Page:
The mathematical study of symmetry is called group theory because it studies ‘groups’ of symmetry operations. Most of these can be deconstructed into simpler groups, and those that can be deconstructed no further I have called ‘atoms of symmetry’.
The use of symmetry in mathematics made a huge step forward when Joseph Louis Lagrange introduced it in his work on algebraic equations in 1770. Other mathematicians later took his ideas further, in particular Évariste Galois, who died in 1832 at the age of twenty. He introduced the concept of a group of symmetries, now known simply as a ‘group’ in modern mathematics. Galois used groups in creating a new theory of algebraic equations, and they have since led to important advances in many areas of mathematics, sometimes in cases where there is no obvious symmetry.
In Symmetry and the Monster I describe the quest to find all atoms of symmetry, known technically as ‘simple groups’. These are not simple in the usual sense, but can be very complex and interesting, and most fall into one of several well-understood families. Outside these families lie 26 exceptions — called sporadic groups — that do not fit into the general pattern. Being outsiders makes them particularly interesting.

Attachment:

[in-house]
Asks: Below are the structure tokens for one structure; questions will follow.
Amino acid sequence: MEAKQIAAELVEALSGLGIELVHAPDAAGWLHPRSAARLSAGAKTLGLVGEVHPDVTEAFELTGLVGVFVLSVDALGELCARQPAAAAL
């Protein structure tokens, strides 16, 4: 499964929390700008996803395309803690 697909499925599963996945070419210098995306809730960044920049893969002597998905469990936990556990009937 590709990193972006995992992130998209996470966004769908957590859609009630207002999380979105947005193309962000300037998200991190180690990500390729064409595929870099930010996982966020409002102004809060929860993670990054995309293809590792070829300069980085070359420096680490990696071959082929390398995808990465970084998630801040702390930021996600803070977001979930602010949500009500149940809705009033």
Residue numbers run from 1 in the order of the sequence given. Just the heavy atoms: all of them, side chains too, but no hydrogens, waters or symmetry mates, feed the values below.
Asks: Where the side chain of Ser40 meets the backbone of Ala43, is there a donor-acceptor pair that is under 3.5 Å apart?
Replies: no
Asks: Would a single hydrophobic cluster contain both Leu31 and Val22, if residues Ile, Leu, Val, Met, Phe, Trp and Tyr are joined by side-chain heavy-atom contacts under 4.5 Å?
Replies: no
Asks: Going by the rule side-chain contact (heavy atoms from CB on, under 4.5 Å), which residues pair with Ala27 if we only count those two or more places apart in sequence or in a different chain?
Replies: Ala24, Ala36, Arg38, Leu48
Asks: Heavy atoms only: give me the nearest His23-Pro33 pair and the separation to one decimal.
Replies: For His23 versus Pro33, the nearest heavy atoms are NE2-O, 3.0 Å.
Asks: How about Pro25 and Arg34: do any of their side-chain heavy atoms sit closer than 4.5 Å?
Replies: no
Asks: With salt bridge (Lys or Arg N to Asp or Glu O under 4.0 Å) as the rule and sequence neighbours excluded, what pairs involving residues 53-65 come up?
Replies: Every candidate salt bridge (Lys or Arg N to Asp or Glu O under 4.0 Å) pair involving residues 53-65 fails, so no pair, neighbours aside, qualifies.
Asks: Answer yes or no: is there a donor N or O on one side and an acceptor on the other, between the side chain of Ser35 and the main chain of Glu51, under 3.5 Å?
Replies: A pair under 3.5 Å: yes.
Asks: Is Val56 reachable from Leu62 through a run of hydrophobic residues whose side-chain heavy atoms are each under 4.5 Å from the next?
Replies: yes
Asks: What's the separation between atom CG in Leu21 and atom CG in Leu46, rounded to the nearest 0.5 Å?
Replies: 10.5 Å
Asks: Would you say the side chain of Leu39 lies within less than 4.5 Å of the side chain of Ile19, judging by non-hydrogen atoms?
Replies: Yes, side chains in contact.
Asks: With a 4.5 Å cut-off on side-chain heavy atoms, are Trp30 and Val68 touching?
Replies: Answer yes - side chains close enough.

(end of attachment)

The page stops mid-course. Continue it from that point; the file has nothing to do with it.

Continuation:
Among these exceptions the largest is called the Monster, and contains all but six of the others. After its existence was predicted in 1973 — it was constructed seven years later — the Monster began to show strange connections with other parts of mathematics, initially through a coincidence between two numbers: 196,883 and 196,884. These so-called ‘moonshine’ connections were subsequently linked with the mathematics of string theory, a proposed way of combining gravity with quantum theory. However there are coincidences as yet unexplained, one of which concerns the number 163.